Sunday, December 13, 2015

Rochester, NY vs. Portland, OR

As may have been apparent in previous posts, I have Portland envy.  Not that Portland, ME, is any slouch, but I'm referring to Portland, OR.  Granted the Portland, OR, metro area is over twice the size of the Rochester metro area, is around 90 minutes from the Pacific Ocean, and has mountains.  On the other hand, Rochester is reasonably sized, is on Lake Ontario and very near the Finger Lakes, and holds its own when it comes to outdoorsiness.  Furthermore, Rochester is beginning to mirror Portland's beer and coffee scene, and it abuts a formidable wine region just as Portland does.  The demographics of the Rochester region are somewhat similar to those of Portland, and educational attainment is nearly identical.  Both cities have an inferiority complex, with Portland's self-doubt stemming from proximity to Seattle and Rochester's insecurity deriving from its Northeast neighbors.  Both areas have ample precipitation, with Portland actually taking the edge in terms of cloudiness.

Why, then, is Portland viewed as remarkably desirable while Rochester gets the shaft? Appearance goes a long way, and downtown Portland's appearance essentially crushes that of Rochester.  Which demands yet another question: WHY?

Many factors may be in play, but regional planning, or lack thereof, is quite possibly the key.  Portland has a directly elected regional government (aptly called Metro) which takes a broad view on metropolitan development.  Logically, the health of the core is prioritized over the health of the periphery.  Unfortunately, Rochester has opted for persistent fragmentation.  The result of Rochester's system is a wide array of geographically connected entities which are in economic competition.  Perhaps someone more informed than myself can explain the following (and correct me if I'm wrong):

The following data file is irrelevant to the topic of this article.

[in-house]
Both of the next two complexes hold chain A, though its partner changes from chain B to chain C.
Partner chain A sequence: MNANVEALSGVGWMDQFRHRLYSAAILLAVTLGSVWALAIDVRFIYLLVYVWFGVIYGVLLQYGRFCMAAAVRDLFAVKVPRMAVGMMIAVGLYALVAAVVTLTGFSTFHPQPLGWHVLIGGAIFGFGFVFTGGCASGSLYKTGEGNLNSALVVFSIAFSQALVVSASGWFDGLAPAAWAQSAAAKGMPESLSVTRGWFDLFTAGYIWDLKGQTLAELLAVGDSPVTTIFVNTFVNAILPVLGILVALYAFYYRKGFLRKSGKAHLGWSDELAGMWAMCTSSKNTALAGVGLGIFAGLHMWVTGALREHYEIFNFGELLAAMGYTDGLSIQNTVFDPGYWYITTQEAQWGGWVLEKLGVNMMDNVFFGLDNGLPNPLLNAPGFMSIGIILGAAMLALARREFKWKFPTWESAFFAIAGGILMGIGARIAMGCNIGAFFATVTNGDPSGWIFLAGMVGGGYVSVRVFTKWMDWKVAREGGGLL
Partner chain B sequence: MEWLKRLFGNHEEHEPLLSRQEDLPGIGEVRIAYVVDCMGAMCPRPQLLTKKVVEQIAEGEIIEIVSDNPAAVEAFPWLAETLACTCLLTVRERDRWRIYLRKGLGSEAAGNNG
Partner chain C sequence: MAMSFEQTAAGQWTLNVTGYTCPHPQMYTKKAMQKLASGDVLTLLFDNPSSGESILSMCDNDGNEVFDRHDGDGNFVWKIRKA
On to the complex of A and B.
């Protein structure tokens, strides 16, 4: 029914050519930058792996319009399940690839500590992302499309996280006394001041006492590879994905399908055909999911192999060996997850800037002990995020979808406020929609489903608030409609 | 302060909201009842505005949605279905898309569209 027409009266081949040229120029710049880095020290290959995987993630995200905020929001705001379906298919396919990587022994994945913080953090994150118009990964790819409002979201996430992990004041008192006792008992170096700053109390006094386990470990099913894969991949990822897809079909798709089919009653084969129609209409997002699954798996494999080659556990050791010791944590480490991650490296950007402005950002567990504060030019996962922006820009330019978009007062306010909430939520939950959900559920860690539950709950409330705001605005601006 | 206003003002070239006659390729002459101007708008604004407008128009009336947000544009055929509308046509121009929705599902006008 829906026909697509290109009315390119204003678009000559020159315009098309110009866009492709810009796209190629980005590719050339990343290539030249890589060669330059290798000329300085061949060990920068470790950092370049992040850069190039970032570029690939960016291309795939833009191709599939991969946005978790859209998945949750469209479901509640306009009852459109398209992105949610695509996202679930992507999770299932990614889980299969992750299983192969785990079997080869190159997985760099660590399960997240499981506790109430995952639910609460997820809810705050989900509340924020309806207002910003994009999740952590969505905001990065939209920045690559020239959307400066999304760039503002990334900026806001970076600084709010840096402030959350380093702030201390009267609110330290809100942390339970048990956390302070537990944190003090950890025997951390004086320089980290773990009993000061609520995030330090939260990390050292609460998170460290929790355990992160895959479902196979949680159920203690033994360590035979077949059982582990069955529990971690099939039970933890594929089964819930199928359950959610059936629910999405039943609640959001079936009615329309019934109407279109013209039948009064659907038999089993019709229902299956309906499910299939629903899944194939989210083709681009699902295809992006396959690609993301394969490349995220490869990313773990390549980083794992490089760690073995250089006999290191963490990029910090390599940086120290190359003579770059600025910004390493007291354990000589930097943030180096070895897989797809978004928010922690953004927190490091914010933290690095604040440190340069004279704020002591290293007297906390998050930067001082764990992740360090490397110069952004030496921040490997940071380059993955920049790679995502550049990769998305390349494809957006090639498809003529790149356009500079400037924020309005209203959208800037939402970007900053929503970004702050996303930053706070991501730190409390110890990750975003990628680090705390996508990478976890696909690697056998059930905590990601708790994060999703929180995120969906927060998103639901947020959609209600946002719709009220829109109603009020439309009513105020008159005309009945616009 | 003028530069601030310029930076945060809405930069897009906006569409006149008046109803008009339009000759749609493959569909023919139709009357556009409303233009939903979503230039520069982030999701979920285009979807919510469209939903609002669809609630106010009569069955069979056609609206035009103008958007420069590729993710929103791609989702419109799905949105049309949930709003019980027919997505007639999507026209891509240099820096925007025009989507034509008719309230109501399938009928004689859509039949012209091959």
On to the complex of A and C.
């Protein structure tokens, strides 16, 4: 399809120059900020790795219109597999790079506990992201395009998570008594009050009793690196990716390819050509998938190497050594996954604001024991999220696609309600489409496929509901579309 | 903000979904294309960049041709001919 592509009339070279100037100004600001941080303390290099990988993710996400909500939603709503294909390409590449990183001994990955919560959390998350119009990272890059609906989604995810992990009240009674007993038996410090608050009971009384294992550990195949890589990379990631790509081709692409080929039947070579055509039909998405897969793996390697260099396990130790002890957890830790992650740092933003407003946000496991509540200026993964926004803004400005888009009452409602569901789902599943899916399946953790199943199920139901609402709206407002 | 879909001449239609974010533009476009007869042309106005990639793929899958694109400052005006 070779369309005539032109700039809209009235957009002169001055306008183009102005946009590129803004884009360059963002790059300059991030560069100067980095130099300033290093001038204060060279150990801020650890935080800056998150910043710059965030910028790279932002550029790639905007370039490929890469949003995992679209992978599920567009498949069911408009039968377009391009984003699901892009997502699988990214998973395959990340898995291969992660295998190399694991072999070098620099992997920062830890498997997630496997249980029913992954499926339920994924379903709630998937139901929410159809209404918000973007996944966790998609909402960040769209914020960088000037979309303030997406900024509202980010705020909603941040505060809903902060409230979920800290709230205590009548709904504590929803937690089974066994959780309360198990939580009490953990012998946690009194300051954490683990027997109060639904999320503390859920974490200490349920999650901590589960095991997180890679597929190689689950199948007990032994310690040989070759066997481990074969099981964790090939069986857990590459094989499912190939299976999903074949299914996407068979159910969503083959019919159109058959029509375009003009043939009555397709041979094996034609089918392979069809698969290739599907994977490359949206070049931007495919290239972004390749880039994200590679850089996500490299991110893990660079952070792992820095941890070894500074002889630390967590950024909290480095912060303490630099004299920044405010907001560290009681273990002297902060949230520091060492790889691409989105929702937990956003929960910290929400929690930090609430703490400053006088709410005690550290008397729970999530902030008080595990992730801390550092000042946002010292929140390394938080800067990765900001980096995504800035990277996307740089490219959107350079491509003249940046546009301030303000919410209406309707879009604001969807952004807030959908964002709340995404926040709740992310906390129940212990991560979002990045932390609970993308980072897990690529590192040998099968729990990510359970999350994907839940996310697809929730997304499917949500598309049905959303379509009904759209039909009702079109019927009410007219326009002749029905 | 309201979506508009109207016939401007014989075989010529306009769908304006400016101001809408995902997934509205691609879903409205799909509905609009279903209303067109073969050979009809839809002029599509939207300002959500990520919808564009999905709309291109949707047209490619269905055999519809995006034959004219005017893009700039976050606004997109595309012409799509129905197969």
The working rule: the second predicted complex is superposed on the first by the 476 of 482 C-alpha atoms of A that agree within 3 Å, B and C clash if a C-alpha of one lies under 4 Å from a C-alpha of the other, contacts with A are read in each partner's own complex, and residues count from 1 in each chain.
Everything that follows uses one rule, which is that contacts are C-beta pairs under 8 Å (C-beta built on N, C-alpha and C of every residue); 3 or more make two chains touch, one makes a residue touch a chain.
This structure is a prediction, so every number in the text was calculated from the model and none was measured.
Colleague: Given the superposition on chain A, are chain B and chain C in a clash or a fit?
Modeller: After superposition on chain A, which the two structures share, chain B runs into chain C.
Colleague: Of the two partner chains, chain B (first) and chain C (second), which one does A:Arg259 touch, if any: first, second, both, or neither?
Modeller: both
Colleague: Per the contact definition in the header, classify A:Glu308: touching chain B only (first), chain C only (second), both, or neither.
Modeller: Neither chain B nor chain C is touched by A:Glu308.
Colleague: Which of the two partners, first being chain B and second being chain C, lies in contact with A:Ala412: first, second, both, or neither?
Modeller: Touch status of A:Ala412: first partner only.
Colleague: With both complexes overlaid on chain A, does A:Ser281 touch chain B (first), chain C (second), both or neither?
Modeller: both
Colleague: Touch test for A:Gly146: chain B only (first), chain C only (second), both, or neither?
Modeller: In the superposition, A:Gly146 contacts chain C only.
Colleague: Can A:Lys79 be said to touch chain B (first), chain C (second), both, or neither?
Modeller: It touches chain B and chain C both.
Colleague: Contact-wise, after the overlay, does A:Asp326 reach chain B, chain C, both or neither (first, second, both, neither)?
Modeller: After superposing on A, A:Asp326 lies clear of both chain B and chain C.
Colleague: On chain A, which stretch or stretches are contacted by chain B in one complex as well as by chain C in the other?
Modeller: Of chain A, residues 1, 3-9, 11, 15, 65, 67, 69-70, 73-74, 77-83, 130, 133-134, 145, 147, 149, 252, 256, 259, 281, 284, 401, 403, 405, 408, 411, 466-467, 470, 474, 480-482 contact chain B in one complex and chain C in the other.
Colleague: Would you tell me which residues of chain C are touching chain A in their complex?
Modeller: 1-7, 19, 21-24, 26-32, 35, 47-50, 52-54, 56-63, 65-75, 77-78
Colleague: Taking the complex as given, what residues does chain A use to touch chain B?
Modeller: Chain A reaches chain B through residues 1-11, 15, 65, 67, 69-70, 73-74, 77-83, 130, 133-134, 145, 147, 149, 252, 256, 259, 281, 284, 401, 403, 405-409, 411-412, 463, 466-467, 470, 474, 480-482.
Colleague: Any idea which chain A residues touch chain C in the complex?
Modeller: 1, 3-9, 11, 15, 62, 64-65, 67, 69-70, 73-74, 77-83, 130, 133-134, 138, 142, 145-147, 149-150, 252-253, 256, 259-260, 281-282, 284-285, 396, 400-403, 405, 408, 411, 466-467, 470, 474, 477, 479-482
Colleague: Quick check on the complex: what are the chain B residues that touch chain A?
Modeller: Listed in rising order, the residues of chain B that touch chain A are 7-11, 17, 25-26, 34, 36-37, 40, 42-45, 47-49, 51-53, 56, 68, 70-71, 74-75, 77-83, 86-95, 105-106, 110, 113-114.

• Rochester's fastest growing suburb, Victor, is not in the same county as the city of Rochester.  Victor, in Ontario County, has attracted many young families with its lower property taxes compared to Rochester's Monroe County.  As such, Victor residents benefit from the economic and cultural assets of the region without having to contend to the same extent with supporting the urban core.  
  • Within Monroe County, Rochester's suburbs seem to compete with the city of Rochester.  A new development in a suburb is not on the city's tax roll and vice versa.
  • The city of Rochester and Monroe County enjoy bickering over who pays for what, apparently ignoring the fact that they may have a common interest or two.
Because of this fragmentation, Rochesterians have to point to data to sell the area, while better managed regions can allow aesthetics to do the talking.


  1. The land area of the "city" of Portland is nearly 4 times that the size of the city of Rochester. Check out this map that shows how much land Portland has annexed from it's suburbs over the years:

    A lot easier for one group to run the show when they actually control everything. I don't know the history of it, but I have read numerous times that New York state has ridiculous annexation laws that make it basically impossible for the city cores to actually grow, so you end up with cities directly competing with their similarly sized suburbs. If you ask me, this is one of the biggest issues cities in this state face. This is also why you can never compare cities like Rochester and Buffalo with cities in other states on raw numbers alone. We have decent sized metro areas but the "cities" themselves are pretty small comparatively.

    1. Great map! Without a doubt, annexation has been a huge factor. Even Portland saw a decline in its urban population by 1980, but aggressive annexation (as indicated on the map) has allowed the city to grow from about 365,000 in 1980 to about 583,000 in 2010. So it's completely correct to state that comparing our upstate cities to other cities around the country is not totally fair. With that said, I still think the Rochester region is more fragmented than it needs to be.